EAC Council of Ministers meet in Kampala

In Summary

February 14—The Council of Ministers (CoM), the second most powerful body in the East African Community […]


Six countries make up the East African Community, Burundi, Kenya, Rwanda, South Sudan, Tanzania and Uganda.

February 14—The Council of Ministers (CoM), the second most powerful body in the East African Community (EAC) governing hierarchy will be meeting in Kampala between February 15 and 20 in preparation for the Heads of State Summit talks due next week.

The CoM is comprised of government ministers from each EAC member state whose main job is to discuss, amend and adopt laws, and coordinate policies. The Ministers have the authority to commit their governments to the actions agreed upon in these meetings. The EAC is made up of Burundi, Kenya, Rwanda, South Sudan, Tanzania and Uganda, the current Chair.

During the past two years, EAC Summits have been characterised by the non-attendance of Presidents for one reason or another, but usually associated with perceived slights and public spats rooted in regional trade and business disputes. However, authorities in Kampala are hoping for a full house next week based on President Yoweri Museveni seemingly good personal relationship with most of the EAC leaders. He took over the chairmanship from Tanzania’s John Magufuli mid last year.

With a total population of just 170 million and a GDP of $160 billion, the EAC is sub-Saharan Africa’s fastest growing region (5%), but could do better were it not for the protracted instability in South Sudan and along the EAC’s border with eastern Democratic Republic of Congo. Non-tariff barriers also remain a stumbling block to the full-scale implementation of the EAC Common Market Protocol.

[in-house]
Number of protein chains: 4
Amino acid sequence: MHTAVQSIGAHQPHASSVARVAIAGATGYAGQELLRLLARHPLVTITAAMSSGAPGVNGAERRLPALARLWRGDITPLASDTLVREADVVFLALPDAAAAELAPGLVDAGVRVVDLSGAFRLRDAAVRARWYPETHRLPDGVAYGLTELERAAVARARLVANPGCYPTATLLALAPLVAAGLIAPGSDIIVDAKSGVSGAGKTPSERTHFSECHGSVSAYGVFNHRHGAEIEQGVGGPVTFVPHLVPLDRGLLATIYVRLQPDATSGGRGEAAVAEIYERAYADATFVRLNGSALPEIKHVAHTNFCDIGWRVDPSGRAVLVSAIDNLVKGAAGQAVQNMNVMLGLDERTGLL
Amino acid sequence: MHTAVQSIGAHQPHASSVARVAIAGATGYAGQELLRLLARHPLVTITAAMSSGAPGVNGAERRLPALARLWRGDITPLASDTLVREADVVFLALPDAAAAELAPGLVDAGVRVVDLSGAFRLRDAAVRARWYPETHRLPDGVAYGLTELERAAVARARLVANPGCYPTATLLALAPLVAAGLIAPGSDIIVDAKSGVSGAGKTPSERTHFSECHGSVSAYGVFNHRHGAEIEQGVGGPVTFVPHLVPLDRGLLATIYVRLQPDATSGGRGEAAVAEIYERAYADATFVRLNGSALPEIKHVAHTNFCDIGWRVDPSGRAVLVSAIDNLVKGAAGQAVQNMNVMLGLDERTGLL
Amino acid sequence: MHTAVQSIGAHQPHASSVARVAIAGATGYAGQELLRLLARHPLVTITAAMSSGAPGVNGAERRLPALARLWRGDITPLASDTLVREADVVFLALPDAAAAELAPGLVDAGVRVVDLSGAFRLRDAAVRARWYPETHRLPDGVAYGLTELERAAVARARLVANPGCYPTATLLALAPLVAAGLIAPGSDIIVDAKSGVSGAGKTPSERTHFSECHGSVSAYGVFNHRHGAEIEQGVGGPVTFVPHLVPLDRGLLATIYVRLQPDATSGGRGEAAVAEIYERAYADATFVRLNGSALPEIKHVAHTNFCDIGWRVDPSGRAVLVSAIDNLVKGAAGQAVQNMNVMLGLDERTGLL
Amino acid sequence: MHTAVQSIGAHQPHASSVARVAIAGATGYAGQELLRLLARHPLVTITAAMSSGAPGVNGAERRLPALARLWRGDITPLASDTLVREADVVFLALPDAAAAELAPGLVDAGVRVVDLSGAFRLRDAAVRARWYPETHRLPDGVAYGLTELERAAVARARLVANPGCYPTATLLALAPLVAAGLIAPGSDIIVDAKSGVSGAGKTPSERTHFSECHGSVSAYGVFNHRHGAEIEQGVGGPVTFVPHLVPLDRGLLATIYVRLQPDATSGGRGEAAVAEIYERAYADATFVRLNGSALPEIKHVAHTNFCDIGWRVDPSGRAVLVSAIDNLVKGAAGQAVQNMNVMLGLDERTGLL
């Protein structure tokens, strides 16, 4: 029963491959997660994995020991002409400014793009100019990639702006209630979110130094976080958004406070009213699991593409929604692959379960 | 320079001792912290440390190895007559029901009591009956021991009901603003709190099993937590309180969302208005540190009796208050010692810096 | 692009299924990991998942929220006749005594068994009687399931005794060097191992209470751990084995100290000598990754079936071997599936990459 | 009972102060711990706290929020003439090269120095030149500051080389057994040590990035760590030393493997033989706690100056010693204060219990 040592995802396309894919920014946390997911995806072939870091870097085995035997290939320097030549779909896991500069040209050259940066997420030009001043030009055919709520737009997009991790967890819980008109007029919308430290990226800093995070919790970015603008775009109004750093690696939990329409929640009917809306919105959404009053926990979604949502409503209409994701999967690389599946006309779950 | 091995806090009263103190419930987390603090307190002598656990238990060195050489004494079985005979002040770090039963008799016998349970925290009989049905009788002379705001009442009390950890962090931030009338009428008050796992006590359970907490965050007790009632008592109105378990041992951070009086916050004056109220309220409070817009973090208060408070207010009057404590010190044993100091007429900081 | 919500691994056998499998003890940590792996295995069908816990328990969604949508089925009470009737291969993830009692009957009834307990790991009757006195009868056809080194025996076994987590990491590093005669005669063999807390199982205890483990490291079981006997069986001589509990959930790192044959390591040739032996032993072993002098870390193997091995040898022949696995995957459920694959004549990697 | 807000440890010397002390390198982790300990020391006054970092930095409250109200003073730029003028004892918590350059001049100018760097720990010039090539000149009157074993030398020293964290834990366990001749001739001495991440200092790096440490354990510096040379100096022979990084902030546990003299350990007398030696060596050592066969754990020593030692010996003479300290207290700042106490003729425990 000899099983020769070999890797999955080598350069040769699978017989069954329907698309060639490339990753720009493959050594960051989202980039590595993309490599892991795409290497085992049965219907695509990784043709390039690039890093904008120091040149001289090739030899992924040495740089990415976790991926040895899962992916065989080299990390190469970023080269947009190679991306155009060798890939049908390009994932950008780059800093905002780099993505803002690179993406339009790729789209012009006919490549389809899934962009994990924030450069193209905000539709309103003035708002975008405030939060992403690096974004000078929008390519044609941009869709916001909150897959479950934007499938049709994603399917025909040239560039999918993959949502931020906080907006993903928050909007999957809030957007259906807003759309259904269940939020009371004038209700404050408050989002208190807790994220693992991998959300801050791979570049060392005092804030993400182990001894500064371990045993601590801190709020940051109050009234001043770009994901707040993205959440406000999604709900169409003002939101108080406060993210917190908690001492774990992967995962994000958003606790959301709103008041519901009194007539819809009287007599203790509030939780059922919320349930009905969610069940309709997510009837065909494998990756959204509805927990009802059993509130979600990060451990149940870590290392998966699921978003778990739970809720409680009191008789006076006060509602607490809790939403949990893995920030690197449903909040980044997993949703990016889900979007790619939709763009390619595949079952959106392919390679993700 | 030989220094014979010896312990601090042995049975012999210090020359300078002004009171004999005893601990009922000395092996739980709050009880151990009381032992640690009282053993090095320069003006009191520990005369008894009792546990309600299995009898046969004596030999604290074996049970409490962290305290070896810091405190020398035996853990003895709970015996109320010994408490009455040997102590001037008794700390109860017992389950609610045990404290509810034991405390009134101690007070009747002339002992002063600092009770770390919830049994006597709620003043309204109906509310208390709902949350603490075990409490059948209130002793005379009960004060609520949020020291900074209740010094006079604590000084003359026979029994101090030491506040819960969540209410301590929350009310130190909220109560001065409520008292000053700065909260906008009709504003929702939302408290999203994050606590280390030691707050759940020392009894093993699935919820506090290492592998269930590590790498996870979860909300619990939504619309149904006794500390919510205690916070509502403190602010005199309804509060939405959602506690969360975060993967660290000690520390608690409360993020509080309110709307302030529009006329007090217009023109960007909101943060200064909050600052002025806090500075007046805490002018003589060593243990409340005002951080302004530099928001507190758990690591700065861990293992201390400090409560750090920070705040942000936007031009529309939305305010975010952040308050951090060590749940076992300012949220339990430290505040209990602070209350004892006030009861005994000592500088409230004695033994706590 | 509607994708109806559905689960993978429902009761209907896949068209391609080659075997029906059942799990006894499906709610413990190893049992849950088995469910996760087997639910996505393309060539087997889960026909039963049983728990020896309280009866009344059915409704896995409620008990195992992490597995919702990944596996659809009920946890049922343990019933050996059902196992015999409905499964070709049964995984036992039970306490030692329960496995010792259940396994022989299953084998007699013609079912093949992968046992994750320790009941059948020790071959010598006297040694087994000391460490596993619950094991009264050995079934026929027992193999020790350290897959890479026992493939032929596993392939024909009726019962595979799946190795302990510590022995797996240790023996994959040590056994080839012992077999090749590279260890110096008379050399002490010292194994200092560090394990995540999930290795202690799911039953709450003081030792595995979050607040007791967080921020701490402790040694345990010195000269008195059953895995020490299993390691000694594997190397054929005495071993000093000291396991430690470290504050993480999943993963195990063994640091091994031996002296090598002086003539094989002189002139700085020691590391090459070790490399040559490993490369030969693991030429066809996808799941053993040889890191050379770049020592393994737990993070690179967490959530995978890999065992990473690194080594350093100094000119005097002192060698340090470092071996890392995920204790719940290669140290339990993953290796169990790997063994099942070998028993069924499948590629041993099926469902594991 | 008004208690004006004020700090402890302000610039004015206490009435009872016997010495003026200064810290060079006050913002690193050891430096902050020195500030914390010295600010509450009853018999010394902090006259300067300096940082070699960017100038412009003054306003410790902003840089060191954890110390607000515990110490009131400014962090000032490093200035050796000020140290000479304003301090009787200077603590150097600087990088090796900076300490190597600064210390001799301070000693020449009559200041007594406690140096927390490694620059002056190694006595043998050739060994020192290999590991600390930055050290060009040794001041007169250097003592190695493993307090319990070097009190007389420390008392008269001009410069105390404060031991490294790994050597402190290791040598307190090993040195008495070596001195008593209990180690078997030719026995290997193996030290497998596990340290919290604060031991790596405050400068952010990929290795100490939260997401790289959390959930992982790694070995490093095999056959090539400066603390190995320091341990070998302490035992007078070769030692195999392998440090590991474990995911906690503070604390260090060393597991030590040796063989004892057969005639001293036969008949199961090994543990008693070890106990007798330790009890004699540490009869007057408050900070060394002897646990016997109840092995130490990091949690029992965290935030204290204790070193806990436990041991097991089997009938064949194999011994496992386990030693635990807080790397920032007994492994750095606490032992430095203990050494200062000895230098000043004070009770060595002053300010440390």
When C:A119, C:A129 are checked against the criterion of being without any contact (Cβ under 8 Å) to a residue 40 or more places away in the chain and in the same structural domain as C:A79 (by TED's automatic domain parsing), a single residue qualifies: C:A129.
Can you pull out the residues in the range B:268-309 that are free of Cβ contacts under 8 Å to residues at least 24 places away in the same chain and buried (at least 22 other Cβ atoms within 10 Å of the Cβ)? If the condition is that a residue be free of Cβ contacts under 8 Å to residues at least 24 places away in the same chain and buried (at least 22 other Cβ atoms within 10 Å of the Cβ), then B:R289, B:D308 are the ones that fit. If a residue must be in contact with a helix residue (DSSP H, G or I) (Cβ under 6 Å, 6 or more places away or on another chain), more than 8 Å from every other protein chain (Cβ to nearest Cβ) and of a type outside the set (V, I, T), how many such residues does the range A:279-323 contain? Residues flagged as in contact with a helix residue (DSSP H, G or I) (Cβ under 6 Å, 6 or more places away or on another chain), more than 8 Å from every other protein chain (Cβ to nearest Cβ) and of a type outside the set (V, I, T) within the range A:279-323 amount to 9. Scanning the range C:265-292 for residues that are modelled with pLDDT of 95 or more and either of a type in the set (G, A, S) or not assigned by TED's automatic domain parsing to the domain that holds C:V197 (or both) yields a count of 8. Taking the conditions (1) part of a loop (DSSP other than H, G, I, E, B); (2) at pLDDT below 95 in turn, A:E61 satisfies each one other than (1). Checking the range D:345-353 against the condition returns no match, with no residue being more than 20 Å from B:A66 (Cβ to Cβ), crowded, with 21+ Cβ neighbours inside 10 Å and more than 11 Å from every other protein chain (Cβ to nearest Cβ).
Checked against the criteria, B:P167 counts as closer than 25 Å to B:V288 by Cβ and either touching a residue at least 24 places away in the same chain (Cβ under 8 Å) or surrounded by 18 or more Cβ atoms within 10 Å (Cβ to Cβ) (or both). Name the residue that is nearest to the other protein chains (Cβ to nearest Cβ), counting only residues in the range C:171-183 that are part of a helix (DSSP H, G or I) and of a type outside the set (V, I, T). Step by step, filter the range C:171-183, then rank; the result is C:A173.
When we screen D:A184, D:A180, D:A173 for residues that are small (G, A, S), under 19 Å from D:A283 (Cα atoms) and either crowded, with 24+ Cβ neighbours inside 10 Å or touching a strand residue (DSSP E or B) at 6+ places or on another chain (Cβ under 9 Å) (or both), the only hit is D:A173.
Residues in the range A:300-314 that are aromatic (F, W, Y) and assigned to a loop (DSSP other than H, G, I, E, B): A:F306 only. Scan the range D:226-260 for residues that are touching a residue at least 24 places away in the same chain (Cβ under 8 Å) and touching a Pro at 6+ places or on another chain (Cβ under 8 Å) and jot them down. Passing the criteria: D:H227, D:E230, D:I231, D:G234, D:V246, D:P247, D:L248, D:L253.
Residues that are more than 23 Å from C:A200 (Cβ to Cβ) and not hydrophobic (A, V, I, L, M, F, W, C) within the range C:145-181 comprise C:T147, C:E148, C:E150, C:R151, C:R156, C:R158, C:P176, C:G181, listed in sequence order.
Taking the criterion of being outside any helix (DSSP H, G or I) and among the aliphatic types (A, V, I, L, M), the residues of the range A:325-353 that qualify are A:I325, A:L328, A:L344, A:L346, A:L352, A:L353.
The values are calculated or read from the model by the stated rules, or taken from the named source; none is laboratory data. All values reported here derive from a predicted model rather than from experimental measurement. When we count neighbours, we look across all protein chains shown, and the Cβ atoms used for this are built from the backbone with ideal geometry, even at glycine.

Much of the details in agreements the Summit formalises, are worked out by the CoM.  Among the notable issues for the Kampala Summit include a report of the Council discussions and recommendations to the Summit for the period May 2017  and  February 2018.

Agreeing on a sustainable financing mechanism for EAC is also up review as well as South Sudan’s integration into the EAC.  More than half of the EAC Secretariat annual $100 million budget is paid for by foreign donors while almost all of the development funds are sourced from either multilateral friends like the European Union or bilateral agreements with for example, Germany. EAC member sta

The CoM will also reveiw preparations for the joint retreat of EAC Heads of State on infrastructure and health financing and development; concept note, terms of reference, road-map and budget estimate for the drafting of the EAC Political Confederation Constitution.

Officially the CoM is the policy organ of the Community and consists of the Ministers responsible for the East African Community Affairs of each Partner State and such other Ministers of the Partner States as each Partner State may determine. Among its functions, the Council promotes, monitors and keeps under constant review the implementation of the programmes of the Community and ensures the proper functioning of the regional organisation.

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